Excessive Thickness

A properly cut bridge will be around 1.3 mm thick at the top, 4.5 mm thick at the bottom, and have feet that are likewise thinned down. The Mendini runs a full 2.2 mm wide at the top, over 5 mm wide at the base, with the feet completely uncut. All of this extra thickness means extra mass in the bridge. The job of the bridge is to pass the vibrations of the strings down into the body of the violin; however, a thick bridge like this one will just end up absorbing and dampening a lot of the stings’ vibrations. This leads to a duller, more lifeless sound that will leave you hating your instrument or falsely thinking that there is something wrong with your playing.

Little Details…

Just as final example of how little attention or care was put into this violin, we can look at the place where the E sting crosses over the bridge. The E string is really thin and will cut into the bridge over time. Normally, to prevent this, the bridge has a little piece of plastic or other reinforcement on it to ensure the E string stays sitting on top of the bridge. You can see in the image here that this piece is missing on the Mendini 500.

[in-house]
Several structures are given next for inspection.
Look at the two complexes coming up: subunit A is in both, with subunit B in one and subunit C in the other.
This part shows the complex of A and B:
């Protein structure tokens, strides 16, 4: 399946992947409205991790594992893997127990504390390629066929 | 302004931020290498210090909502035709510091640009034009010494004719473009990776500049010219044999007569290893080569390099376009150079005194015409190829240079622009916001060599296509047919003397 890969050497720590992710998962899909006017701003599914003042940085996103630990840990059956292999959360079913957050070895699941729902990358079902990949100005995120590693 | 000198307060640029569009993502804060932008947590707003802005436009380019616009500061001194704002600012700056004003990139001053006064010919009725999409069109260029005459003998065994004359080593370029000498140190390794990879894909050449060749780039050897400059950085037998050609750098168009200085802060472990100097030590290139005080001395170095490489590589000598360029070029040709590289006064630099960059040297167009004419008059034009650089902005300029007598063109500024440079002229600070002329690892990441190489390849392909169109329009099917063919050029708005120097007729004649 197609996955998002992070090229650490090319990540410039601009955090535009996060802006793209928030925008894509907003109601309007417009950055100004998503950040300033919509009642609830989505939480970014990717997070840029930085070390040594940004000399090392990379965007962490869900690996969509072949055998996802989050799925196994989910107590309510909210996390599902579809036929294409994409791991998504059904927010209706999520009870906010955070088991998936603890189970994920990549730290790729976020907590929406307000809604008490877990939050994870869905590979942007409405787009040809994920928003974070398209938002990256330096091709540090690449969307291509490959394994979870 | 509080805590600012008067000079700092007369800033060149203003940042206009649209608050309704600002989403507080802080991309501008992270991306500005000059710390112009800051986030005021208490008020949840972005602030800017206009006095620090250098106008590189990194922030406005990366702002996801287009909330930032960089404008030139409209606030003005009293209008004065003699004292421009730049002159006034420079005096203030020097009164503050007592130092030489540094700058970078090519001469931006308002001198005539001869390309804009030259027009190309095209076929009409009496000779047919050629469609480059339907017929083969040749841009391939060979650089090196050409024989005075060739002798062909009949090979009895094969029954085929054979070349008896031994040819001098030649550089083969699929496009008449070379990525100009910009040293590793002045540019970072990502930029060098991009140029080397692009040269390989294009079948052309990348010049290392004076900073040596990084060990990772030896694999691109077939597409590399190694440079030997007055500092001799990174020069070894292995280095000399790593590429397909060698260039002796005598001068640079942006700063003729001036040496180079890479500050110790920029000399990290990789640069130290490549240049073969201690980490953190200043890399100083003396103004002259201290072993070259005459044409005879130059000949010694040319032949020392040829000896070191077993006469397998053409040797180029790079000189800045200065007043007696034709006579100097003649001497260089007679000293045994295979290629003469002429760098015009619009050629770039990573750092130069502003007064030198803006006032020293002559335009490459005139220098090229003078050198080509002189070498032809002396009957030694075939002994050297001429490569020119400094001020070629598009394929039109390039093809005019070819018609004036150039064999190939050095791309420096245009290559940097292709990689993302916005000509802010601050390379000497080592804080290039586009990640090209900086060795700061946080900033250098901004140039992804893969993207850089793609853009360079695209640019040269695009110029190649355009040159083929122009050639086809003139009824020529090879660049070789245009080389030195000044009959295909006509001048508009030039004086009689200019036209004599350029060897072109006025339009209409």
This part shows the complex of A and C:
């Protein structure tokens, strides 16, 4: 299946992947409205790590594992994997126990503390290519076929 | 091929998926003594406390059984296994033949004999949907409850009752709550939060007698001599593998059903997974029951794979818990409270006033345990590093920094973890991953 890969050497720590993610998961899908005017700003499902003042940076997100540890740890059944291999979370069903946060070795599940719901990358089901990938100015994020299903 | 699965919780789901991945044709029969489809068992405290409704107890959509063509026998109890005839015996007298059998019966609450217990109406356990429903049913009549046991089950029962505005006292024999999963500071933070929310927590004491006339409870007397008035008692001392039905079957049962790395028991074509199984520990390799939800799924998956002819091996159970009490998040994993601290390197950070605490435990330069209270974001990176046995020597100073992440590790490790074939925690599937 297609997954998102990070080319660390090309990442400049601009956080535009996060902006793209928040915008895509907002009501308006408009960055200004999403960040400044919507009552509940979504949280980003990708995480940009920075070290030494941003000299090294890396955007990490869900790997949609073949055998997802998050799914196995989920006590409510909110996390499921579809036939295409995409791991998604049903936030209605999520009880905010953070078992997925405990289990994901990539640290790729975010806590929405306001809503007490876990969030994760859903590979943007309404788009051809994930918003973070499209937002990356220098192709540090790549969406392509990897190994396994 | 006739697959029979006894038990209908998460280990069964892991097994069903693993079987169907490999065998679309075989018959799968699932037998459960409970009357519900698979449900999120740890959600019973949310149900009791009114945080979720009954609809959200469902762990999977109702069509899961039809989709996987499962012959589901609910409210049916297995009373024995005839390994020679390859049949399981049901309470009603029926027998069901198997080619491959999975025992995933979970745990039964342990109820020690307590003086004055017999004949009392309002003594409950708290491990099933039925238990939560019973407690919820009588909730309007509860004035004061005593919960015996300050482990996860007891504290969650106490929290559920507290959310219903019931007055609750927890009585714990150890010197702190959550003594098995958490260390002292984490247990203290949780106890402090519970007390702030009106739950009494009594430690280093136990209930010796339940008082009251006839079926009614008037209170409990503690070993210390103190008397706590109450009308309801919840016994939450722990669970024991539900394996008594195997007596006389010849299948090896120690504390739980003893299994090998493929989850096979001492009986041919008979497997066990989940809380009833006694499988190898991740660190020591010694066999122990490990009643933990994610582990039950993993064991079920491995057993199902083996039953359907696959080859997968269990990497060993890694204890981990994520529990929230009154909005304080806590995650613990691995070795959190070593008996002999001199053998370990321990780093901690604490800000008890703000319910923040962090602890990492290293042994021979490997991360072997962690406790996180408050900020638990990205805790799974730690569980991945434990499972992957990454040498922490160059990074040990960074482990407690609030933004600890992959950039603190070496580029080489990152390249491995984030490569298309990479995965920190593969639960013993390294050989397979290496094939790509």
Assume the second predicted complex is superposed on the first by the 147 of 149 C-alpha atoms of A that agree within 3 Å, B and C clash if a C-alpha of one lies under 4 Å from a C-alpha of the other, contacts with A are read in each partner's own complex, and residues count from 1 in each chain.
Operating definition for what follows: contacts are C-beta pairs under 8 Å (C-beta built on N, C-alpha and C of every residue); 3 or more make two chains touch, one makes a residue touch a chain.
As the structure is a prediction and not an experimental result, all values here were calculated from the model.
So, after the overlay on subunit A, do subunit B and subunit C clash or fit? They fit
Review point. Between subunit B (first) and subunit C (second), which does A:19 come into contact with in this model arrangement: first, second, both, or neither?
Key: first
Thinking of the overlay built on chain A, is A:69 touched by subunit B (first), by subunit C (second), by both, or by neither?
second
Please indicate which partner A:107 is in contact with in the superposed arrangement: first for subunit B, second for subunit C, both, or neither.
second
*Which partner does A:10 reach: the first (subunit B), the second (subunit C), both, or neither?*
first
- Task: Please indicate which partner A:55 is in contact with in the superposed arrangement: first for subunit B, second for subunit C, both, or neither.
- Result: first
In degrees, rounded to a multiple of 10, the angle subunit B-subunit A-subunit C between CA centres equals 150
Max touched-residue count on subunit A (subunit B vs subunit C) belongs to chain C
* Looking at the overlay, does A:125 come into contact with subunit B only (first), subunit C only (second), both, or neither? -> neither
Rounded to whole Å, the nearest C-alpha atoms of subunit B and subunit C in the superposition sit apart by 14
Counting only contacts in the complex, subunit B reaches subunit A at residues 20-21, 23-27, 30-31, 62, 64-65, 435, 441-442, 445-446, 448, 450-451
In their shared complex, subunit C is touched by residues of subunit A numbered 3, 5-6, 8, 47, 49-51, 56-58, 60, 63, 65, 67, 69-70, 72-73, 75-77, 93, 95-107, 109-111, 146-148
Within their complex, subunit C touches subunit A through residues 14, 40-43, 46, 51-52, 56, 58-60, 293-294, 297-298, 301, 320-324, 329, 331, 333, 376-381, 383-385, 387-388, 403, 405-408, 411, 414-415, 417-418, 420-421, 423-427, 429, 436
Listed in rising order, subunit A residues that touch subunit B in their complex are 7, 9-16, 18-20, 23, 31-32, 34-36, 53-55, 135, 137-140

The Nut

Another significant component that can tell us a lot about the buildquality of an instrument is the nut. The nut is a place where strings leave the peg box at the top of the violin or viola. A properly cut nut has straight channels that are open with just the right amount of depth and that are not pushed too close to the edge of the neck. The Mendini 500 gets full marks for failing to meet these standards. The nut is really telling because of how easy it is to get right. Where a master luthier might charge $250 for a well done bridge, it only costs $50 for them to do the nut.

Fine Tuners

It is easy to overlook these little guys, but they ae a big deal. On beginner instruments, they are a vital aid for students, teachers and parents, alike, in keeping the instument properly in tune. Good find tuners are easy to turn and can keep up their job for years without issue. The Mendini fine tuners? One broke the first time I tried to use it, with the pin punching through the tuner lever. The others were functional but very hard to turn. This tailpiece and its fine tuners would have to be replaced ($30) before the instrument could go into regular use (not that you would want it to…).